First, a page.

EP 180 Lynne Kiesling on the Electrical Grid

Jim talks with Lynne Kiesling about the electrical grid and what could and should change in its architecture in the years to come. They discuss electricity as a product, the move away from centralized control rooms, energy storage as the holy grail, base load vs peak load, distributed & intermittent energy resources, moving power to & from the grid, temporal patterns of supply & usage, varying demand to meet supply, programming thermostats, digitization of the electric grid, how rooftop solar systems coordinate with the grid, distributed energy resource management systems, advancements in storage, cyberattacks & solar flares, the Transactive Energy Service System (TESS), machine learning in energy bidding, the challenge of testing complex systems, the Olympic Peninsula Testbed Project, responding to events like the Great Texas Freeze of 2021, institutional design in a new technological landscape, wholesale power generation, power law distributions, and much more.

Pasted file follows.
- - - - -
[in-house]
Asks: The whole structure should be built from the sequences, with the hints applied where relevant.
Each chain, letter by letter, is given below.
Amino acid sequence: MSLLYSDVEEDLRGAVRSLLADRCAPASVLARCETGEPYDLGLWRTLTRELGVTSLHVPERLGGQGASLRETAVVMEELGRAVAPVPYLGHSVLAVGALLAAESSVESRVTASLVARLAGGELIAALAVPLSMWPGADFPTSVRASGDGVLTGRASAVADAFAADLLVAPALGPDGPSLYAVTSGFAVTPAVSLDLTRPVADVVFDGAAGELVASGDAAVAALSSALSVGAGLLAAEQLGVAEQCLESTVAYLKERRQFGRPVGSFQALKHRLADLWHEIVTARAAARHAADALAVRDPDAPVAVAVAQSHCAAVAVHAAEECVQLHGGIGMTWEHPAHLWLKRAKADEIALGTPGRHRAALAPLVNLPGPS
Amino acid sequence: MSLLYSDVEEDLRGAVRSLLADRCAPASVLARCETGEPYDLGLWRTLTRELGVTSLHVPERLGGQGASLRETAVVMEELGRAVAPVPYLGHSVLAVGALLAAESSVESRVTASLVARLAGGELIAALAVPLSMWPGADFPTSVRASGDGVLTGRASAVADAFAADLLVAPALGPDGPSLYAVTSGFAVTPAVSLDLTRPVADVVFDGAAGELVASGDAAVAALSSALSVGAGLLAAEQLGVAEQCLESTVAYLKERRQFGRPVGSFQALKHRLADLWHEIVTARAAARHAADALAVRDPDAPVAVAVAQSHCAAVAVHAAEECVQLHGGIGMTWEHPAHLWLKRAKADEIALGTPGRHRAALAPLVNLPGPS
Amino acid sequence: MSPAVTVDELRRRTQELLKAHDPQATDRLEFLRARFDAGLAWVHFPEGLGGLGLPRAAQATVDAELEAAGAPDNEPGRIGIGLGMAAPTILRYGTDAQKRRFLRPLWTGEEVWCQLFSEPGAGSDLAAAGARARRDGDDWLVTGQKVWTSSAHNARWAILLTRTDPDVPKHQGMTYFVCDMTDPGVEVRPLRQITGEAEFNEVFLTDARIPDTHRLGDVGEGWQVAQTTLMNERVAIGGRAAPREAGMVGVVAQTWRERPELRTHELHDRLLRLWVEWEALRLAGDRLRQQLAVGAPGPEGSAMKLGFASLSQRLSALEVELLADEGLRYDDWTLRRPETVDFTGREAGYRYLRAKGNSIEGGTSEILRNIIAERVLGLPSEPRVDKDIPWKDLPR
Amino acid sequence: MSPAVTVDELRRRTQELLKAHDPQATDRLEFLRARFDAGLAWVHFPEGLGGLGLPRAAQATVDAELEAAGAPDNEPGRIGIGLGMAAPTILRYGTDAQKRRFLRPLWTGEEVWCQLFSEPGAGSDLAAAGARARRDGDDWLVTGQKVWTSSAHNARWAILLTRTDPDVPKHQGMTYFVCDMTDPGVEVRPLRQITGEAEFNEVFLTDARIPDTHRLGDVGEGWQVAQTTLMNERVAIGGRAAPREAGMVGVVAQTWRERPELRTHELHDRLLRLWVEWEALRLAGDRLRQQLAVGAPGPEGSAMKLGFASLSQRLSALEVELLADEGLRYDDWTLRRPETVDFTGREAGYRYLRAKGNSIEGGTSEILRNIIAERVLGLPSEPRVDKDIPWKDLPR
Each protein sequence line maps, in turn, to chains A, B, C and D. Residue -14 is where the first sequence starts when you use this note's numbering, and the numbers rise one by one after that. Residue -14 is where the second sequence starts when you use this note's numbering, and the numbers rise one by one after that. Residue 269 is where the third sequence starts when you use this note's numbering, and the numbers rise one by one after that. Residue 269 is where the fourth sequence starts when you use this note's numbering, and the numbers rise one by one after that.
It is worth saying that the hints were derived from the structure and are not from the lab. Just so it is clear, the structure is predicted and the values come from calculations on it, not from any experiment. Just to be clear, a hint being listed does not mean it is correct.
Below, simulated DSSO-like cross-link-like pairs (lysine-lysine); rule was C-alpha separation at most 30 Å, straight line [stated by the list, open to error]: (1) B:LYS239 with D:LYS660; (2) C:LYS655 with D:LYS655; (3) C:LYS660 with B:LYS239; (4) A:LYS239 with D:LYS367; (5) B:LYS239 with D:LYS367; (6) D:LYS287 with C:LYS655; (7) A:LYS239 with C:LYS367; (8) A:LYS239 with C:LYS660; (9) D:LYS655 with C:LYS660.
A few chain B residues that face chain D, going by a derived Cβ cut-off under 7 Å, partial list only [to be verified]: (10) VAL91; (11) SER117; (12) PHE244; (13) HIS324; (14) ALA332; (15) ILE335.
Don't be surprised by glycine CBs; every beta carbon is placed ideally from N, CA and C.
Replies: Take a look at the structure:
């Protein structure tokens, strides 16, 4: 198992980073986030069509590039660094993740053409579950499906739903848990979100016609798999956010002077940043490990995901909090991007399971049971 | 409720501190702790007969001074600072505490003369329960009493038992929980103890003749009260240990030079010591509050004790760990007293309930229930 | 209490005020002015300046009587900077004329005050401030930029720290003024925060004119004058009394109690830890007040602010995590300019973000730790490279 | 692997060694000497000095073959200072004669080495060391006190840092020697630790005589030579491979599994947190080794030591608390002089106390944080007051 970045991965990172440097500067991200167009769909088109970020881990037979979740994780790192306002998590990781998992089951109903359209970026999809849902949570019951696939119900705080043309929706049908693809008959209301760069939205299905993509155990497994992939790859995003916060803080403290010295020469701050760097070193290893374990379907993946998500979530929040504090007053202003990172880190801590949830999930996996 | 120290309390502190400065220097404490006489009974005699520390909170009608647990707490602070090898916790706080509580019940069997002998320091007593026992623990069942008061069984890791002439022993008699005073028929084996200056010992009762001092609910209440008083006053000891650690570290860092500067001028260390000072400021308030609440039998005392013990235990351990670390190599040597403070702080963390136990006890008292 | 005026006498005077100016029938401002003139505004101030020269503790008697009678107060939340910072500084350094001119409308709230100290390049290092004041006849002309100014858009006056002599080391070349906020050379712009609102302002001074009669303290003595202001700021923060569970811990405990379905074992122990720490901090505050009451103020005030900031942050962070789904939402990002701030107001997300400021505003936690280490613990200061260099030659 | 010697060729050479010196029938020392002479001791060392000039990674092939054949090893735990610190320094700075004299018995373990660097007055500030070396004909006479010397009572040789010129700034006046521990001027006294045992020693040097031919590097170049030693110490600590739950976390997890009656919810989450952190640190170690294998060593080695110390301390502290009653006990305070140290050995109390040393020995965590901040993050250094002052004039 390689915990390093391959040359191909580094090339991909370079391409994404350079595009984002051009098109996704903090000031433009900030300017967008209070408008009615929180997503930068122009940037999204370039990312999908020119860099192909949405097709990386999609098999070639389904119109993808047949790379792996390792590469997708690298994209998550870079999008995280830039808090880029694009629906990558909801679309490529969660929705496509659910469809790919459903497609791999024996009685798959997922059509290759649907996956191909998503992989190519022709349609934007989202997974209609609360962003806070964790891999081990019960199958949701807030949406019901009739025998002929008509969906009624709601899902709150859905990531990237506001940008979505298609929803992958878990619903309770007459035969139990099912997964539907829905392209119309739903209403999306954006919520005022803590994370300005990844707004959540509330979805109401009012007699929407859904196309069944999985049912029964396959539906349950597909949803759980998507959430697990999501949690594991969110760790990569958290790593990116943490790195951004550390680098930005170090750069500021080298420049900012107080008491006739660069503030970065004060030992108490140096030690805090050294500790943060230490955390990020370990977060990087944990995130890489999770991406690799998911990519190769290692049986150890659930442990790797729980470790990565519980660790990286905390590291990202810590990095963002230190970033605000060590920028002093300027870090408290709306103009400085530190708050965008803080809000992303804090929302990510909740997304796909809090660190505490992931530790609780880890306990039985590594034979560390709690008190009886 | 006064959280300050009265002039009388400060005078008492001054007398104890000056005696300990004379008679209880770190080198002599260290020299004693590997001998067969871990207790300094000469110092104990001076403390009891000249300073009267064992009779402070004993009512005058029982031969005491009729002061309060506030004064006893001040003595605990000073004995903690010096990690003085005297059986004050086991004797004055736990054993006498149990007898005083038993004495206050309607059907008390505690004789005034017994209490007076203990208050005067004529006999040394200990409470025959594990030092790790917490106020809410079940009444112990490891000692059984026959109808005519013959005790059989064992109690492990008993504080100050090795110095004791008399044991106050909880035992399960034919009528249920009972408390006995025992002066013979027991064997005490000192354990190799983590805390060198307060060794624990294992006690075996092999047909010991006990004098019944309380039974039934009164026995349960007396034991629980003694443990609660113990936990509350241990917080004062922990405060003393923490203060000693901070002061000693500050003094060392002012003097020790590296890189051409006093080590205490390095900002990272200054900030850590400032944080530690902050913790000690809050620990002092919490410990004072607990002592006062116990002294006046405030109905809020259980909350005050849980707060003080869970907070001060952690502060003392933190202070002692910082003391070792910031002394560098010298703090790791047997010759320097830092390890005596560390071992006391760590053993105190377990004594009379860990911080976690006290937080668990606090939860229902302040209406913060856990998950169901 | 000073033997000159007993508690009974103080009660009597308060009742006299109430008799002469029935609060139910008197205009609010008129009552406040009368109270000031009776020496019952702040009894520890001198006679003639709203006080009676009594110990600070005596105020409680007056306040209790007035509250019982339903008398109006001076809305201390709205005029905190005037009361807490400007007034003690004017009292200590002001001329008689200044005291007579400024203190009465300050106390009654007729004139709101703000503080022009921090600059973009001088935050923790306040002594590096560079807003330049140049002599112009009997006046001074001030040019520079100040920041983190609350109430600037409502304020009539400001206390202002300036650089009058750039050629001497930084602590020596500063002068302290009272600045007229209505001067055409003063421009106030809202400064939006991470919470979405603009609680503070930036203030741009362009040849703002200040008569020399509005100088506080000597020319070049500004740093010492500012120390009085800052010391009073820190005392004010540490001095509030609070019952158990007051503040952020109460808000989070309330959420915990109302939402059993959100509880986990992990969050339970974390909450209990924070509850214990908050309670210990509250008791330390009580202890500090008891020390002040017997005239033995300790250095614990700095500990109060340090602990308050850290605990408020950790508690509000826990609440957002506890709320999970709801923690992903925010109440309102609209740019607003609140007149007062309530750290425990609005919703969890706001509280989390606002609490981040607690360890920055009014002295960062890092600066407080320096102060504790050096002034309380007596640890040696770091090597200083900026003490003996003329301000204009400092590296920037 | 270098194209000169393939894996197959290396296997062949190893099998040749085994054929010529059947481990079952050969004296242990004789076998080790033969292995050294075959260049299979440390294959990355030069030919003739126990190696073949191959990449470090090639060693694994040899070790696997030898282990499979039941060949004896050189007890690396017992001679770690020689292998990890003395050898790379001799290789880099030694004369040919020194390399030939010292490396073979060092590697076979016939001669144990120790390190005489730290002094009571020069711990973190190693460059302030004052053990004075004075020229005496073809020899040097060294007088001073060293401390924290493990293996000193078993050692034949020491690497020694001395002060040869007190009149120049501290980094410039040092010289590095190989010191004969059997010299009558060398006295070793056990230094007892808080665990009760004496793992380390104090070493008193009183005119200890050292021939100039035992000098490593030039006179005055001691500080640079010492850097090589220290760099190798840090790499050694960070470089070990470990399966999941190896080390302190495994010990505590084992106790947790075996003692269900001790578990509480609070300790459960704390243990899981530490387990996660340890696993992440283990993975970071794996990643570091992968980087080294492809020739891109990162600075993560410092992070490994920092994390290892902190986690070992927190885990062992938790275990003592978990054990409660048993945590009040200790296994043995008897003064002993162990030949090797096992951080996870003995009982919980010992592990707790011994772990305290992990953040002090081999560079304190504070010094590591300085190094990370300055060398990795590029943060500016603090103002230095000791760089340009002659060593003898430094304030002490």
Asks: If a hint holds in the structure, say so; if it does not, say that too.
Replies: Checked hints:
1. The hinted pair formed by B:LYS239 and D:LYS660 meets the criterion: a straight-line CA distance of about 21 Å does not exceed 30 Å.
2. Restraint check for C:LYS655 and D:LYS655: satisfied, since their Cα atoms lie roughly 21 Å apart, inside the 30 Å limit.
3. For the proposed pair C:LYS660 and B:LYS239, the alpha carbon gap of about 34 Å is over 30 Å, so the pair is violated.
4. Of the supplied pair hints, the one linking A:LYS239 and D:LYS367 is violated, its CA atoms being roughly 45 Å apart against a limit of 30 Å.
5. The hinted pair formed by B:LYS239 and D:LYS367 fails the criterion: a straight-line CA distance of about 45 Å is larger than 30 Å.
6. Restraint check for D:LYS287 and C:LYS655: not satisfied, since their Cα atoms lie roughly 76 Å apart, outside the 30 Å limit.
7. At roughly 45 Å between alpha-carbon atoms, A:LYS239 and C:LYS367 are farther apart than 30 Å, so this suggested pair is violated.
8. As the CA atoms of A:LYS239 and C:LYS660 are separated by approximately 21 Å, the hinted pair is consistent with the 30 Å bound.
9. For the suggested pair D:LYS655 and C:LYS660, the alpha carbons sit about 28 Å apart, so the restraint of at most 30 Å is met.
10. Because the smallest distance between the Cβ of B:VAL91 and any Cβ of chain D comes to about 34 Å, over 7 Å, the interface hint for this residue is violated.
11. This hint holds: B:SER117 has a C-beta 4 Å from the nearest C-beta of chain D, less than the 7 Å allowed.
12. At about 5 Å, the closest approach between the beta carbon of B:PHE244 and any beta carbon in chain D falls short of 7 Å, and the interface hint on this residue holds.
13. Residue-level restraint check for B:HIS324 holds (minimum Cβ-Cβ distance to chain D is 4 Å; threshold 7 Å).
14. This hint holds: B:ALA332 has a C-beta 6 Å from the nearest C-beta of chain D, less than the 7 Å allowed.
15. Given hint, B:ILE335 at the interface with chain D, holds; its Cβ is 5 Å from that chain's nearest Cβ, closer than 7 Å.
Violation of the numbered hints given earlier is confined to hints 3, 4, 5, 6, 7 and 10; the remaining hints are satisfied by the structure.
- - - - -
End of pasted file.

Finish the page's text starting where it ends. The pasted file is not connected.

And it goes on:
Lynne Kiesling is an economist focusing on regulation, market design, and the economics of digitization and smart grid technologies in the electricity industry. She is a Research Professor in the School of Engineering, Design and Computing at the University of Colorado-Denver, and Co-Director of the Institute for Regulatory Law & Economics. Lynne also provides advisory and analytical services as the President of Knowledge Problem LLC, and is an Adjunct Professor in the Masters of Science in Energy and Sustainability program at Northwestern University. In addition to her academic research, she is currently a member of the U.S. Department of Energy’s Electricity Advisory Committee, has served as a member of the National Institute of Standards and Technology’s Smart Grid Advisory Committee, and is an emerita member of the GridWise Architecture Council. Her academic background includes a B.S. in Economics from Miami University (Ohio) and a Ph.D. in Economics from Northwestern University.